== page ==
# What is a reliable and easy way to build an AI? [duplicate]

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New to creating AI - where to start?

I'm making a "Mario Like" game and I was wondering how would an AI generally work? I'm thinking of that it could just go to the player and fire whenever the player is x amount away from it but this is just confusing me. I'm not asking for anyone to write an AI, I'm asking about where to get started on building one or any experience you have with building an AI.

• There was a post not long ago with various links to AI programming books. I am actually spewing that I didn't keep the link because there was some good material there. I'll try find it now Jan 28, 2013 at 9:05
• Although this doesn't give you any code, it does give you a good idea on programming AI and the fundamentals gamedev.stackexchange.com/questions/2194/… Jan 28, 2013 at 9:08

However, for a simple Mario-like (hey!) platformer, I wouldn't worry too much about the AI.

In fact, you don't really need any real AI to create a nice and solid platformer (don't overcomplicate it!):

• To avoid NPCs somehow dieing or wasting their "time" (or the system's processing power) before the player is there, only spawn them with the player being nearby. This way they don't have to determine whether the player is nearby, what they should do, etc.
• Most classic enemy behavior can be realized using some very simple rules:
• Let the enemy walk to the left. If he collides with something, he'll turn to the right.
• If the enemy shouldn't fall off platforms (red turtle in classic Mario games), then check whether there is something walkable in front of them. If there isn't, change direction.
• If the enemy should idle (piranha plants), just check how distant the player is. Don't leave the tube as long as he's closer than x units.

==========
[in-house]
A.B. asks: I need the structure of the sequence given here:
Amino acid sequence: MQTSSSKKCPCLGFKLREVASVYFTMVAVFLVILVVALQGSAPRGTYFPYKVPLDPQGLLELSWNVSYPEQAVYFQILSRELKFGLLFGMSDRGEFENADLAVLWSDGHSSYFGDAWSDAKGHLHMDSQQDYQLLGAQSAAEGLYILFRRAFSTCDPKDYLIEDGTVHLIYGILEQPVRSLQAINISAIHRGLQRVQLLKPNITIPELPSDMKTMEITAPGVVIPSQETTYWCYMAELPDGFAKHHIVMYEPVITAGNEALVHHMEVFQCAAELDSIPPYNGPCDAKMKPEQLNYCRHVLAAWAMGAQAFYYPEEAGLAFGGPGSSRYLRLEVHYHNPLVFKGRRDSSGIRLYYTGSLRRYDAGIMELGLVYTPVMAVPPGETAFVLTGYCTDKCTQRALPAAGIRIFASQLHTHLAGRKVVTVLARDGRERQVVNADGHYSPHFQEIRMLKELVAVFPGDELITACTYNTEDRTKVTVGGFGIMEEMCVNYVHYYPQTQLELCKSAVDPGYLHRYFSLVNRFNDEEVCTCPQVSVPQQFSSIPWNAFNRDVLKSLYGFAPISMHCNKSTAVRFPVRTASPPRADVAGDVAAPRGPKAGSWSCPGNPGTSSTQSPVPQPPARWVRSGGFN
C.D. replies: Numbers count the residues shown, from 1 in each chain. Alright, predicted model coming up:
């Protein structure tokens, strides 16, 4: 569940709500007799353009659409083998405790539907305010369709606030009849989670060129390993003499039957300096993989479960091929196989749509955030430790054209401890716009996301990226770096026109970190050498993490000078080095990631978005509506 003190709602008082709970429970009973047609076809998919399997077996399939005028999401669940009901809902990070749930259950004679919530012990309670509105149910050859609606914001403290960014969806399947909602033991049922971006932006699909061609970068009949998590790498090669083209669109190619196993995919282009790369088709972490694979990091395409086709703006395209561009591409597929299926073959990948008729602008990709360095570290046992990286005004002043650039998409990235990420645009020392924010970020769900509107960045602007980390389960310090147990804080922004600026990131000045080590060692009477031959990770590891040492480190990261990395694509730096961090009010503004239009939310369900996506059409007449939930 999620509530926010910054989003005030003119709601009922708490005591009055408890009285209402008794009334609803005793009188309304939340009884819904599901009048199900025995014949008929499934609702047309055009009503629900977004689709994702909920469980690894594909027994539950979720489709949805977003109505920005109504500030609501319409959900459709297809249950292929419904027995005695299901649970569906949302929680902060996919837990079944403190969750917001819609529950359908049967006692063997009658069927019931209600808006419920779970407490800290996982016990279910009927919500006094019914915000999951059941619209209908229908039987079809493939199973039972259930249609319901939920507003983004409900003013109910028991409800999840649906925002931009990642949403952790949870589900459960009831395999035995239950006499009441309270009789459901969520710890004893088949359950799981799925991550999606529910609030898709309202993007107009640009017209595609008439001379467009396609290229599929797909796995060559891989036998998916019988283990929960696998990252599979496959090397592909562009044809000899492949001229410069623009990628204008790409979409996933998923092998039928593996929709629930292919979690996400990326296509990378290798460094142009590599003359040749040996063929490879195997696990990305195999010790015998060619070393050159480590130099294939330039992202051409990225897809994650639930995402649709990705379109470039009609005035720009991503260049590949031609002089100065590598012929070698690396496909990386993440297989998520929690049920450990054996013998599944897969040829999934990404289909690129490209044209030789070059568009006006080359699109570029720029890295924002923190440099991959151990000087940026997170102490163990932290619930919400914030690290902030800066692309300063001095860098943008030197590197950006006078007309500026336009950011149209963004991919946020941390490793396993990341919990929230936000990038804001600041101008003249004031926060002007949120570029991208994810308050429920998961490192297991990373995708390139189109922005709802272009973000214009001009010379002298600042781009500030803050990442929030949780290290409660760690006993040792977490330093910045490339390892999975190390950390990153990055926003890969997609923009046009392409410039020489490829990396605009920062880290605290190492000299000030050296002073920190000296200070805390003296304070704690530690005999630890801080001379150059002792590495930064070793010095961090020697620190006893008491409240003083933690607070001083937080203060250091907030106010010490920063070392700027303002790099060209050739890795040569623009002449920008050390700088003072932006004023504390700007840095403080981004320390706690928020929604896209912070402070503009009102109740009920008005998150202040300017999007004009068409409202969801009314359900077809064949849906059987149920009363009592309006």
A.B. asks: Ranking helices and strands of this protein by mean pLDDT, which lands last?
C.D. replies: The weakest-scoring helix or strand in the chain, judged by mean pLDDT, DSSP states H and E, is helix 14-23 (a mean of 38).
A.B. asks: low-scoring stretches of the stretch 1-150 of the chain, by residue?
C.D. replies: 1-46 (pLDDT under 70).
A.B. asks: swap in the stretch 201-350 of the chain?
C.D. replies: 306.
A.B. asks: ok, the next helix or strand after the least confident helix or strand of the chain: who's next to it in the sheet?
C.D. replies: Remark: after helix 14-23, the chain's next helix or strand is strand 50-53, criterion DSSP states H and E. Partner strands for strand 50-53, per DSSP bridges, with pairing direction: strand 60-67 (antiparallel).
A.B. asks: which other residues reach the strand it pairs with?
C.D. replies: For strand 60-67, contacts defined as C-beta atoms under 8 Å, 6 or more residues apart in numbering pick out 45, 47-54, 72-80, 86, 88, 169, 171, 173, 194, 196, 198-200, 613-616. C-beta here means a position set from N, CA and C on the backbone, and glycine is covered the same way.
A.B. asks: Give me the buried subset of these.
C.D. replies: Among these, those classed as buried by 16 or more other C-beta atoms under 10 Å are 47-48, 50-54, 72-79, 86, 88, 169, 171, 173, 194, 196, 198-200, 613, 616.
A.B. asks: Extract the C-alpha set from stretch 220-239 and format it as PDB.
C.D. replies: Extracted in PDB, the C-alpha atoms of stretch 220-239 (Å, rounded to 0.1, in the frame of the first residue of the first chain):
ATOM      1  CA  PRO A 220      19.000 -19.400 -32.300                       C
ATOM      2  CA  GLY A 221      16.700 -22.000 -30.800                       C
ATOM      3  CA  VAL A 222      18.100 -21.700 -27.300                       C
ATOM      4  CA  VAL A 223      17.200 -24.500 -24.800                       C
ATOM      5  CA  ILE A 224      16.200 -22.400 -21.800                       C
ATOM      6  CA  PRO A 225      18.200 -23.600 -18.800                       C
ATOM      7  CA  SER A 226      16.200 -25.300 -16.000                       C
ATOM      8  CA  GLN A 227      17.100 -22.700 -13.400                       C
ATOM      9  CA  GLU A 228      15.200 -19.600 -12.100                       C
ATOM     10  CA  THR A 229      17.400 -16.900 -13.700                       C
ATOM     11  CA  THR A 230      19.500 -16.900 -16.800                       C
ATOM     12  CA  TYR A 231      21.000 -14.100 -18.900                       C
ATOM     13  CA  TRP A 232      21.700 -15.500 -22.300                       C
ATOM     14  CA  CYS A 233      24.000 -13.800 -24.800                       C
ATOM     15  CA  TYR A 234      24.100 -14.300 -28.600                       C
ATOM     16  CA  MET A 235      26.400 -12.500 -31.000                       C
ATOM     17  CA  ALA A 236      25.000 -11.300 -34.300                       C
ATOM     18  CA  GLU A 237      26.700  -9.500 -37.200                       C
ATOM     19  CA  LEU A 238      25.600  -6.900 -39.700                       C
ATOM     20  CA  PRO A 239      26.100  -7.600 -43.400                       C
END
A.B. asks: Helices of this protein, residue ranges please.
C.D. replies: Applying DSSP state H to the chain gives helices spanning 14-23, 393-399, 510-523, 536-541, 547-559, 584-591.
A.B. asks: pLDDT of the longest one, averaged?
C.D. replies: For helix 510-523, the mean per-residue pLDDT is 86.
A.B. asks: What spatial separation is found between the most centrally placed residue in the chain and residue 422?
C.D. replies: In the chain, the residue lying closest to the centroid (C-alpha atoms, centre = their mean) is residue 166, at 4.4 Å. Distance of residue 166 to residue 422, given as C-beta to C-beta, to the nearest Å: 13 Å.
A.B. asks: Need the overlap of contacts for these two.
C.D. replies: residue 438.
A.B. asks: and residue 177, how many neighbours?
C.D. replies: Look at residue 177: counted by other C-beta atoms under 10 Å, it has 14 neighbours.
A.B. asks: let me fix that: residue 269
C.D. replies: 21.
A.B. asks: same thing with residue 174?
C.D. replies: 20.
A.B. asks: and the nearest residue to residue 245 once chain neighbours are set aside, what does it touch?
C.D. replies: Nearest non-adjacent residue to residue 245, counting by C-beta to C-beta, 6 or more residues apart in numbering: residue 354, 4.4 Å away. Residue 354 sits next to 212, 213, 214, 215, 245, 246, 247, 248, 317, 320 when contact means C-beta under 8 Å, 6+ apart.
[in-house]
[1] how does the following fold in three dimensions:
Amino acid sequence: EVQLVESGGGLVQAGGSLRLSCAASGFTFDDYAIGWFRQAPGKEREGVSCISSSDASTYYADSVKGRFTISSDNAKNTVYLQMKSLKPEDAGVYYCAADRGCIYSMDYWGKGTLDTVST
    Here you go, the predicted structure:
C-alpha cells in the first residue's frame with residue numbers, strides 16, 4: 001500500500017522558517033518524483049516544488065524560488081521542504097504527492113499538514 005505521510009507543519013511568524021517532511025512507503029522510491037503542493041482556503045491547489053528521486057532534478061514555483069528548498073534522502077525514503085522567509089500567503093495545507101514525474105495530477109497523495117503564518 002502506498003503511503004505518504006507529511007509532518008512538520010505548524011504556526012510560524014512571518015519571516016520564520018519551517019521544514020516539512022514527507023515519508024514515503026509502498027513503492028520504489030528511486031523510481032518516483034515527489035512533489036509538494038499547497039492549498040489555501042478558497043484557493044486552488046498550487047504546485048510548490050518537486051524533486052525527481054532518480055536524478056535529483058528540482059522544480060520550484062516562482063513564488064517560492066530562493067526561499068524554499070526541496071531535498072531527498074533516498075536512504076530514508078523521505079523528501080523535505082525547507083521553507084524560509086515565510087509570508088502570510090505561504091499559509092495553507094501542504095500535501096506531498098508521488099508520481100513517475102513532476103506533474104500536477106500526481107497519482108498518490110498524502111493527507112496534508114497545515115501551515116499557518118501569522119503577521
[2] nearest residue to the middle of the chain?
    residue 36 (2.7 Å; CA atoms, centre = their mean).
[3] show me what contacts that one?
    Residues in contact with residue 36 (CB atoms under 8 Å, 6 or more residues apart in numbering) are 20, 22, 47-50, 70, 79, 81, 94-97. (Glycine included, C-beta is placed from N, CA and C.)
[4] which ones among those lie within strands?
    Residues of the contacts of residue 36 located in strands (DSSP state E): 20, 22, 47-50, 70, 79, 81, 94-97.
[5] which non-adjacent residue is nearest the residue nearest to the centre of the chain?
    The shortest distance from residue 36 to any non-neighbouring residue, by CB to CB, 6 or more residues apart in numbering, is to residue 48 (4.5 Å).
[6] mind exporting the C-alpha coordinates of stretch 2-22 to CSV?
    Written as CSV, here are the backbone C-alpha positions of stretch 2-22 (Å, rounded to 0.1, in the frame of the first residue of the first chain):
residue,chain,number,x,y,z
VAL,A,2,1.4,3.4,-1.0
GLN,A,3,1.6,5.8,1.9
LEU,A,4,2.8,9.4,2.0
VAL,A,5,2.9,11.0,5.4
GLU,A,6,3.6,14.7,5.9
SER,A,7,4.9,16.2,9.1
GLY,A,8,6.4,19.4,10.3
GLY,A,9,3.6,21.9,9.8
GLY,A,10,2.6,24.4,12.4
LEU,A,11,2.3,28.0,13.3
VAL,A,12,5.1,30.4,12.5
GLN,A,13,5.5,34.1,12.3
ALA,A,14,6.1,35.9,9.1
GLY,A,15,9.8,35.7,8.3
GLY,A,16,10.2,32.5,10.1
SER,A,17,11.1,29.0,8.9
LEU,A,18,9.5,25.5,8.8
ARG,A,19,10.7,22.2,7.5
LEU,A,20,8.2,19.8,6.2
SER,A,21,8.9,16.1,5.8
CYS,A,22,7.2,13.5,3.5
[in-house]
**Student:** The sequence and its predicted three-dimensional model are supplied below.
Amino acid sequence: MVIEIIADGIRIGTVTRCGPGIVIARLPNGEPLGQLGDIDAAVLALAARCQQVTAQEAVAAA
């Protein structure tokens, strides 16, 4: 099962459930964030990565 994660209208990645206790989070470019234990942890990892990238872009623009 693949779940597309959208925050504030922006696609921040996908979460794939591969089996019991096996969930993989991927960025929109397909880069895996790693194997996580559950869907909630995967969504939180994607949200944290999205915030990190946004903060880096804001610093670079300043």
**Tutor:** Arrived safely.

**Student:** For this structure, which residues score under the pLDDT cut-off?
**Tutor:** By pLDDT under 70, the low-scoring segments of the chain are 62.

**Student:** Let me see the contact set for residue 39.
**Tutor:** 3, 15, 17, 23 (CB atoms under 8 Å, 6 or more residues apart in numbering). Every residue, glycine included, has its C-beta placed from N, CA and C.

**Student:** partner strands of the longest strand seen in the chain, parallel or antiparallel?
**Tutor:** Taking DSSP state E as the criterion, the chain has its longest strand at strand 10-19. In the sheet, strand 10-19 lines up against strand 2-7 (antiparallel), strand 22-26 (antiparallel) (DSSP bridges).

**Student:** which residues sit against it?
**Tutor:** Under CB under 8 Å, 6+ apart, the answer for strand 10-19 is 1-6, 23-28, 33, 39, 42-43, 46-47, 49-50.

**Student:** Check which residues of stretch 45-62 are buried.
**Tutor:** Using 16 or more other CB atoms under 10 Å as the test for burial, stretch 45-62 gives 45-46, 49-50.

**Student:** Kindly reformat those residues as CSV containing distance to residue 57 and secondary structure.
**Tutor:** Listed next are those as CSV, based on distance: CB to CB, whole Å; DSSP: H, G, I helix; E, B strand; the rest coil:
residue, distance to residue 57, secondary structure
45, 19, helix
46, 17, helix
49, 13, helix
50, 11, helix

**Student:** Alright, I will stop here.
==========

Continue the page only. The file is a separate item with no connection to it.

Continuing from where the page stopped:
• To decide which direction to shoot (hammer bros), just determine which the direction the player is.
• Boss behavior can be controlled using similar logic combined with (pseudo) random numbers. Keep in mind that a big part of the gameplay for most platformers is the fact you'll have to find and remember patterns (e.g. when a boss jumps or when he shoots) to beat the game and not get hit. If you add AI, this won't necessarily become more challenging or interesting. It's more likely it gets too predictable or players will just aim for some loophole to get the AI into bugging out (not necessarily; but I consider this a great example why you won't need a full AI).
• Classic consoles didn't have the processing power for real time AI decisions, as such this is really uncommon in this genre anyway. I'd say go with fixed/coded behaviors first and concentrate on gameplay. Later on, if you feel like it, you can extend this even more and in the end you'll essentially get an AI like behavior without writing explicit code for it.

Might be interesting to note:

The only AI involvement in a classic Mario-like platformer I know of is the approach to write a "jump and run solver" AI to essentially speed-run such a game (e.g. for Infinite Mario; more information can be found on MarioAi.org). So you're "programming" the player, not the enemies. Keep in mind that I'm not talking about something like the "guide mode" Nintendo introduced with the latest installments of the series. These are - as far as I know - just fixed instructions/scripts solving the levels in a very specific way (path, timing, etc.). Fun fact: With a real enemy AI using random decisions etc. something like that would be a lot more complicated to do (if possible at all, given limited resources and the player not wanting to wait).

• +1 and I don't remember where I read it, but a lot of good games use that kind of implementation. Pac-man was praised for its ghosts "AI", but it doesn't have a real AI. I doubt that even some of Mario's enemies and bosses on wii games have any kind of non deterministic behavior. Jan 28, 2013 at 12:03
• They don't, because their behavior is too simple (intentional). Even with an AI engine you wouldn't notice any difference. Closest to an "AI" would probably be the "Magikoopa" from Super Mario World, as they pick a pseudo random position where they appear, while being able to shoot the player, so there is essentially some decision making happening in background. But other than that, most enemies (in all games of the series) are either based on a few triggers or completely "dumb fire". Jan 28, 2013 at 19:49